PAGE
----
When I think of Thanksgiving, I think of turkeys – but not the ones you get in the grocery store. I think about wild turkeys, the ones that live in the hills above the town where I grew up in Pennsylvania.
It might sound exotic or strange, but there really are turkeys that live in Pittsburgh and no, they have nothing to do with the Steelers. Actually, we have a lot of wild birds that live in wooded areas and hills surrounding suburban homes outside of the downtown area. My Granny still has an elaborate bird house that she fills with seed each winter. When I was growing up, she delighted in wages, a rather “cut throat” bird watching “wars” against my Dad who would claim that he was the first to see the white-breasted nuthatch after she had already spotted it.
My first bird watching experience was very different, however. I was visiting my dad one October, cooking dinner at his house set deep into a thickly wooded hillside. “Watch this!” he said, getting up from his creaky lazy boy, reaching for an old coffee can brimming with fat, dried corn kernels. The screen door snapped shut as he walked out onto the deck, whistling the way a farmer would to summon a faithful hunting hound. Then he tossed a handful of corn out onto the deck.
“What are those?”, I called out the window in a half whisper, as a flock of tall and slender, bold, black feathered monsters with rubbery red heads, descended. They chortled, heads bobbing, gobbling up the corn that fell and bounced around my father’s feet. I took a sharp breath in as one pecked accidently at his shoe lace. When the last kernel of corn rattled around the hollow coffee can, the “leader” of the pack, a big male that was almost as tall as me, clucked and cocked his head to the side. My father threw the kernel into the air and the bird snapped it into his open beak. The beast seemed satisfied and promptly turned his back to us. His dusty gray feathers flared as he spread his cape-like wings to fly away with his long-legged gang in tow.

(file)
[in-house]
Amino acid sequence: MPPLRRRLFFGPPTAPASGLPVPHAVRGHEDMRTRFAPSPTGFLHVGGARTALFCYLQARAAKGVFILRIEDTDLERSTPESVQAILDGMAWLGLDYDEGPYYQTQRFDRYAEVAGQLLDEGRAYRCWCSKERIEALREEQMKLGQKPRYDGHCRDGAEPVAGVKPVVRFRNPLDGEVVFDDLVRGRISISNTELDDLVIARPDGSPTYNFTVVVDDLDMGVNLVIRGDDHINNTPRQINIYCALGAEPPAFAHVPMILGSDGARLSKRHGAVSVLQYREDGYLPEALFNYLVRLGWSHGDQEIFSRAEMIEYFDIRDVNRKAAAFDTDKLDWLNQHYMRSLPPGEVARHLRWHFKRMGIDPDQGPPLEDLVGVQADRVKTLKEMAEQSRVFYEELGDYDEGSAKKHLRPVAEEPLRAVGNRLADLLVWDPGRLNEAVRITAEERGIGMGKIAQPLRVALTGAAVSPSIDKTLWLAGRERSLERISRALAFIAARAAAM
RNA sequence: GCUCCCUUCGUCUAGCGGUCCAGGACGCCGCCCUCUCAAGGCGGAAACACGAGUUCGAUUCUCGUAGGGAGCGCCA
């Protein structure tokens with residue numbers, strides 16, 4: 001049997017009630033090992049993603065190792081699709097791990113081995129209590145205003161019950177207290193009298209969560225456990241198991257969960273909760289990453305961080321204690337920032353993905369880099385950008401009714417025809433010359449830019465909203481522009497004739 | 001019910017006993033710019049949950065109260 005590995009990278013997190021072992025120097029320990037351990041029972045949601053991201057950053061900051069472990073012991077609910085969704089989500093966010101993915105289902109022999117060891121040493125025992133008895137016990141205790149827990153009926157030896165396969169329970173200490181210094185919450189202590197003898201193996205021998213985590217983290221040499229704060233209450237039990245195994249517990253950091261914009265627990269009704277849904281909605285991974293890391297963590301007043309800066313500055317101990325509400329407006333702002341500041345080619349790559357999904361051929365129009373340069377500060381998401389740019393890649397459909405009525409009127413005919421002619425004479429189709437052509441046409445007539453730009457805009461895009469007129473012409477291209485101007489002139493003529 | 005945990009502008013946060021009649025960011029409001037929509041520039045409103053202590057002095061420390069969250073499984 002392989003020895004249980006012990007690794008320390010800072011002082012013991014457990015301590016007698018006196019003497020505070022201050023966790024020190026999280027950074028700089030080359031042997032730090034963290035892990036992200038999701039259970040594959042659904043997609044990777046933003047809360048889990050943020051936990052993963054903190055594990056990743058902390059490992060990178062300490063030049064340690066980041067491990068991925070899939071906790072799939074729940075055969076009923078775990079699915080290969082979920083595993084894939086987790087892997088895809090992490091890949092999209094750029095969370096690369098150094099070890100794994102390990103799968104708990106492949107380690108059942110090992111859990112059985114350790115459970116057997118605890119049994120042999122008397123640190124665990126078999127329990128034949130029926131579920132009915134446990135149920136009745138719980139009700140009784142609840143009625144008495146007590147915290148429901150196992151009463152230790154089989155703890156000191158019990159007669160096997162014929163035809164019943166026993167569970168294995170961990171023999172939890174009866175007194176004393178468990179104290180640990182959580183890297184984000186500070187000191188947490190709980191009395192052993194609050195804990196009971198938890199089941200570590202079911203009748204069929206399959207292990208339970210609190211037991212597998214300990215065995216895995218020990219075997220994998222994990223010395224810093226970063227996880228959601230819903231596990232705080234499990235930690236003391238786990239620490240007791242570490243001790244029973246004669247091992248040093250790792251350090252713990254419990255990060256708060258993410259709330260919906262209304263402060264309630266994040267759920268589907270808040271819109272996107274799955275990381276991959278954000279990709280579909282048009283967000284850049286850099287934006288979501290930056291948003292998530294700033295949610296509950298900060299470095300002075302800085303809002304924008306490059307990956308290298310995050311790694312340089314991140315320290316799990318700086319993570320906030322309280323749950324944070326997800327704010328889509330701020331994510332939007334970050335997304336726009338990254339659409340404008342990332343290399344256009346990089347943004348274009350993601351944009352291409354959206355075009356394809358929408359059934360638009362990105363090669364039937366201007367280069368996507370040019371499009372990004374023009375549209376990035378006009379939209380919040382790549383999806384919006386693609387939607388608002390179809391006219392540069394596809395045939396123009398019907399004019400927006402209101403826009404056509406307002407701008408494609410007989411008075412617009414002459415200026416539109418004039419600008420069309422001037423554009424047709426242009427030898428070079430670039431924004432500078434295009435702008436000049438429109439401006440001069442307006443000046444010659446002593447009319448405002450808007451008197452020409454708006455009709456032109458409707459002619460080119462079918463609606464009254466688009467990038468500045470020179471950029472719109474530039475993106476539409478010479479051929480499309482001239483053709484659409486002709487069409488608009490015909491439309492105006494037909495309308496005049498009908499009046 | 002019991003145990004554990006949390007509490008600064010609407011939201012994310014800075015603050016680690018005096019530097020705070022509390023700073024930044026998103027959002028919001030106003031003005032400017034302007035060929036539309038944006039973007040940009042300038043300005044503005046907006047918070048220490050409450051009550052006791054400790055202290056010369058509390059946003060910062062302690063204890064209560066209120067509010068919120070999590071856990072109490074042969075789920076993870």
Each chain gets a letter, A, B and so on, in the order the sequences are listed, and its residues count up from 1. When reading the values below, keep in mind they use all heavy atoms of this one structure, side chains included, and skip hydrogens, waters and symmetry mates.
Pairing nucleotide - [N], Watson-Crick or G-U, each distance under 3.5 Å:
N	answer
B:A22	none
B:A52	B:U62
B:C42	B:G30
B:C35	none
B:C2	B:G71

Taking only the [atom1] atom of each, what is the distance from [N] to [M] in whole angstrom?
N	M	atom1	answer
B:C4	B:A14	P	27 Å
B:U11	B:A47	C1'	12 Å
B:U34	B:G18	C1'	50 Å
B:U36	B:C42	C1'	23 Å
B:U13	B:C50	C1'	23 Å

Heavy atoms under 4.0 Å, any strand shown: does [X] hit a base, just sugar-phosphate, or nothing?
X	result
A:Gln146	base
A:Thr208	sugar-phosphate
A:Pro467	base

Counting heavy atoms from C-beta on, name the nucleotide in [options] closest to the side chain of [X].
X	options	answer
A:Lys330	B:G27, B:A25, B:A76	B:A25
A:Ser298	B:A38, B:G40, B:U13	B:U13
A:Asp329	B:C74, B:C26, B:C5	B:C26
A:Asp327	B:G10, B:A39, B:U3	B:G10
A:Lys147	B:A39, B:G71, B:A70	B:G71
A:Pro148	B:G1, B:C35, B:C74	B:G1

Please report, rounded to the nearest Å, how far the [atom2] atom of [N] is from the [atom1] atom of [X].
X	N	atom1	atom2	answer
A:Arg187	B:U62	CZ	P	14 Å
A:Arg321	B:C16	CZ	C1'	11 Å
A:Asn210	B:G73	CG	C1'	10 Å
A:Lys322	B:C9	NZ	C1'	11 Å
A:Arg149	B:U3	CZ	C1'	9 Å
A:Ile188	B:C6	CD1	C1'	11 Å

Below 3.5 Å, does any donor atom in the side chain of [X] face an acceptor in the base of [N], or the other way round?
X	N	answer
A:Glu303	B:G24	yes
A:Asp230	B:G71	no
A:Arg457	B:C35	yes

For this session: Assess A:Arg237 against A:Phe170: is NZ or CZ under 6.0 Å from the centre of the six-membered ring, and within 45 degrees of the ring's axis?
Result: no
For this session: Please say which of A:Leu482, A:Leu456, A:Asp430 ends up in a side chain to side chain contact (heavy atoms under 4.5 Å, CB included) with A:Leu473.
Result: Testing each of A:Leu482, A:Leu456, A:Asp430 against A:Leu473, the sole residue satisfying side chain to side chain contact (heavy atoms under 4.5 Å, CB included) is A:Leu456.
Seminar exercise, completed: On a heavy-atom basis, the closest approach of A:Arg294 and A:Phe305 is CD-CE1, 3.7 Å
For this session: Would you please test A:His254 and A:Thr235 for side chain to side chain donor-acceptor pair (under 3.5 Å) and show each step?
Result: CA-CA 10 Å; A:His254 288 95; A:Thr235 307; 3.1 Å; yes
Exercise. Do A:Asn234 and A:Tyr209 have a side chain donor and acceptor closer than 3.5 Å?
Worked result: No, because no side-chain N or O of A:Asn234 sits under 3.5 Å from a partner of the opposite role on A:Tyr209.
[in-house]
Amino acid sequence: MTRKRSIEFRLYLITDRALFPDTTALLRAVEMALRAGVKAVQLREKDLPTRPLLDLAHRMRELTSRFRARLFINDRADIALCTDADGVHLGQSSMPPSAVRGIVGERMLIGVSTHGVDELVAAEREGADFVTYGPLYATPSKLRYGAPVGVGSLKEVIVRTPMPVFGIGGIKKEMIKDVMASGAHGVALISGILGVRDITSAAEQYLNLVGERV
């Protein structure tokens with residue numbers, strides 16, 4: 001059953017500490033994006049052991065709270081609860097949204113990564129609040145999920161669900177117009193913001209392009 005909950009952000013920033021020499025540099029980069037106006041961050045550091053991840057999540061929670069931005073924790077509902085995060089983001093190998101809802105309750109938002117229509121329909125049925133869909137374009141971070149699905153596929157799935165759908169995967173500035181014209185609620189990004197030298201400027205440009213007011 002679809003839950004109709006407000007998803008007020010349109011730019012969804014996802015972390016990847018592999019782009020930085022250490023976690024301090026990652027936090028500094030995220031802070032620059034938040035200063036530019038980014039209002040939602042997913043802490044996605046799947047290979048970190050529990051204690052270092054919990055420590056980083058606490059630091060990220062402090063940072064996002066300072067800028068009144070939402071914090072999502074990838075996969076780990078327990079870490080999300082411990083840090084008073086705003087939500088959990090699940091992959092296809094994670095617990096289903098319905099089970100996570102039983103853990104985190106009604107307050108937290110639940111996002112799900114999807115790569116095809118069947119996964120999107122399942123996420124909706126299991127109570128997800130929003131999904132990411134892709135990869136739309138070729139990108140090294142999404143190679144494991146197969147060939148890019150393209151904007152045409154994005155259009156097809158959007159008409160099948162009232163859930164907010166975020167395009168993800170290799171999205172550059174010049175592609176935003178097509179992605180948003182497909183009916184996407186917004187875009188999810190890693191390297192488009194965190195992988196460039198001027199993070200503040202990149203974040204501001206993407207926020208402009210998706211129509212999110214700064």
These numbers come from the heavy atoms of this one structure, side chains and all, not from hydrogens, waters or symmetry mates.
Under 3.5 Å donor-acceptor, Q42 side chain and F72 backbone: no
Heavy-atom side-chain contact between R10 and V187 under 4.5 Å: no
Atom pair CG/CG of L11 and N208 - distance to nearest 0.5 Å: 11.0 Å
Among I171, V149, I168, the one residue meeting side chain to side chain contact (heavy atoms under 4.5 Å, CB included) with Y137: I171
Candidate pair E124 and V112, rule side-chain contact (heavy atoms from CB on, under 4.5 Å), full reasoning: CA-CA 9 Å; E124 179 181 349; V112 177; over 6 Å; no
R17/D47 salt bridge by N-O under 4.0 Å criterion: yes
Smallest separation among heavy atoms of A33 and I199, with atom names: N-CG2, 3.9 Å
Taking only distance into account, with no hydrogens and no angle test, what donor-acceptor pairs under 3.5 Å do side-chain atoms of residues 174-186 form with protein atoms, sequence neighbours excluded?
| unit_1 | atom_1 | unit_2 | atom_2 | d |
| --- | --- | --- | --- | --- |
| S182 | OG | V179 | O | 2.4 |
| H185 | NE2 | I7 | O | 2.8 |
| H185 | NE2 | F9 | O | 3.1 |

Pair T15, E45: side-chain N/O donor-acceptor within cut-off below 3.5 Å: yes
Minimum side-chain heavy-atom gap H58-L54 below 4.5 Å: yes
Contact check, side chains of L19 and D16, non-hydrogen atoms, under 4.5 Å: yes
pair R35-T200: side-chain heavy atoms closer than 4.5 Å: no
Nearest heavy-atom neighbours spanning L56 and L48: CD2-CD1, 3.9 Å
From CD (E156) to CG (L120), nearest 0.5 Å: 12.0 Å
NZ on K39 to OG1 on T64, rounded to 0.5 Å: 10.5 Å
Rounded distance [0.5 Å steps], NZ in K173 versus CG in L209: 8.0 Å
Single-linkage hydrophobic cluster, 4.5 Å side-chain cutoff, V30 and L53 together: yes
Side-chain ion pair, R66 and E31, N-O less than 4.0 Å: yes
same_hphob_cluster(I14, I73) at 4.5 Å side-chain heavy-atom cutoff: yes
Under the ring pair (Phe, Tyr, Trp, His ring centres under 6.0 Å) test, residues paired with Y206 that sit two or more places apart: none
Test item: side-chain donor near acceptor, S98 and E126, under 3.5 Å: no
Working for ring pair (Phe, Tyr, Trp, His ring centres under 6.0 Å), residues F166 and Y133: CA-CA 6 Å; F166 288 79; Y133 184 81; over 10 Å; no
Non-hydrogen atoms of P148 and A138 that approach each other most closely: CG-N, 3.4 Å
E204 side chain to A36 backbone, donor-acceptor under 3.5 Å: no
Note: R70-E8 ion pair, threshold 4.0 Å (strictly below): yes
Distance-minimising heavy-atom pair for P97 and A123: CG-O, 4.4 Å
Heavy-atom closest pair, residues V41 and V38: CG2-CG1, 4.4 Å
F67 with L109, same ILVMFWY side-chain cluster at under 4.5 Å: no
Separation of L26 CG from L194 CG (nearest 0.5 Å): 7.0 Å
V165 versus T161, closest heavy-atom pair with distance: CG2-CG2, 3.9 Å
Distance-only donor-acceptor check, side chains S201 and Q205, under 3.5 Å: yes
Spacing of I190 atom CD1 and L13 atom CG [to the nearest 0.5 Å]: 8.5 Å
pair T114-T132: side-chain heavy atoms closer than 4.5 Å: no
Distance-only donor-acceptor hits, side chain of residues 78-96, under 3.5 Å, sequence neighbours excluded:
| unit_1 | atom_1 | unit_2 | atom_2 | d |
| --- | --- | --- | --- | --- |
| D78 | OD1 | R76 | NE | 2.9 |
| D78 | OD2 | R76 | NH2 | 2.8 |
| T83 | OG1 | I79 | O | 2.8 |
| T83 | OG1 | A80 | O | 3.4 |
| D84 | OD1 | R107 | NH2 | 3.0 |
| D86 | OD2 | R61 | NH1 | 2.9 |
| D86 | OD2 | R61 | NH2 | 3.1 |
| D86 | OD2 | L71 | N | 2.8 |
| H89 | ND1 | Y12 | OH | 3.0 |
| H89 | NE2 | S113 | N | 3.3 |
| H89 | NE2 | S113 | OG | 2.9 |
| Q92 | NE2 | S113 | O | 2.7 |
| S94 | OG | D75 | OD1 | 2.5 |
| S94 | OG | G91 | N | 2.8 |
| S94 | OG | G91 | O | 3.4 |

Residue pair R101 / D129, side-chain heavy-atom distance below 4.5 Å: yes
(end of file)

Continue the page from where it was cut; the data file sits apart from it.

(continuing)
Click on the play button to listen to wild turkeys! Turkey Gobble
“What?” my Dad asked as he brushed a feather from his pants, “… you’ve never seen a turkey before?” he laughed. Well, they’re nothing like the little Chicadees that came to granny’s bird feeder, I thought to myself, still wondering if they were really turkeys. Mmm.. maybe we’ll have roast chicken for Thanksgiving this year.
Healthy Thanksgiving Day Recipes
Hungarian nut roll is one of my family’s most treasured recipes – but this version has less fat since it’s made with skim milk and low-fat margarine. Fresh yeast is usually found in the dairy section, but you can substitute with 2 (.04 ounce) packets of dry yeast Get the recipe »
Sweet and naturally creamy, this mash is a great substitute for regular mashed potatoes. I love to serve it along side fish, so you’re cashing in on vitamin E as well as tons of vitamin A from the mash. Get the recipe »
Shallots belong to the family of chives, leeks, garlic and onions. I think they look like tulip bulbs and taste a lot milder than garlic and onions. They lend a gentle onion flavor to vinaigrettes and are a great substitute for raw garlic that can sometimes be hard to digest. Get the recipe »
Purchase a pumpkin shape cookie cutter to make these fanciful whole wheat trick or treats for Halloween. The molasses adds vital iron and other minerals to these whole grain goodies that have an extra helping of fiber. Get the recipe »
Moist pumpkin and rich chocolate make an outrageous dessert pair. Pumpkin has tons of beta carotene, an important antioxidant and the chocolate has flavenoids which also boost the levels of antioxidants in this bread pudding. Get the recipe »
My granny makes the moistest stuffing and here is the “skinny” version with all the flavor and less fat. Even though she calls it stuffing, Granny likes to bake this Thanksgiving classic outside the bird. Get the recipe »
Butternut squash adds flavor and color to this classic fall recipe. Since butternut squash is naturally creamy and non-fat, it creates the “risotto” texture without relying on Mascarpone that is extremely high in saturated fat. Frozen butternut squash puree can be found in most freezer sections of your local grocery store. Get the recipe »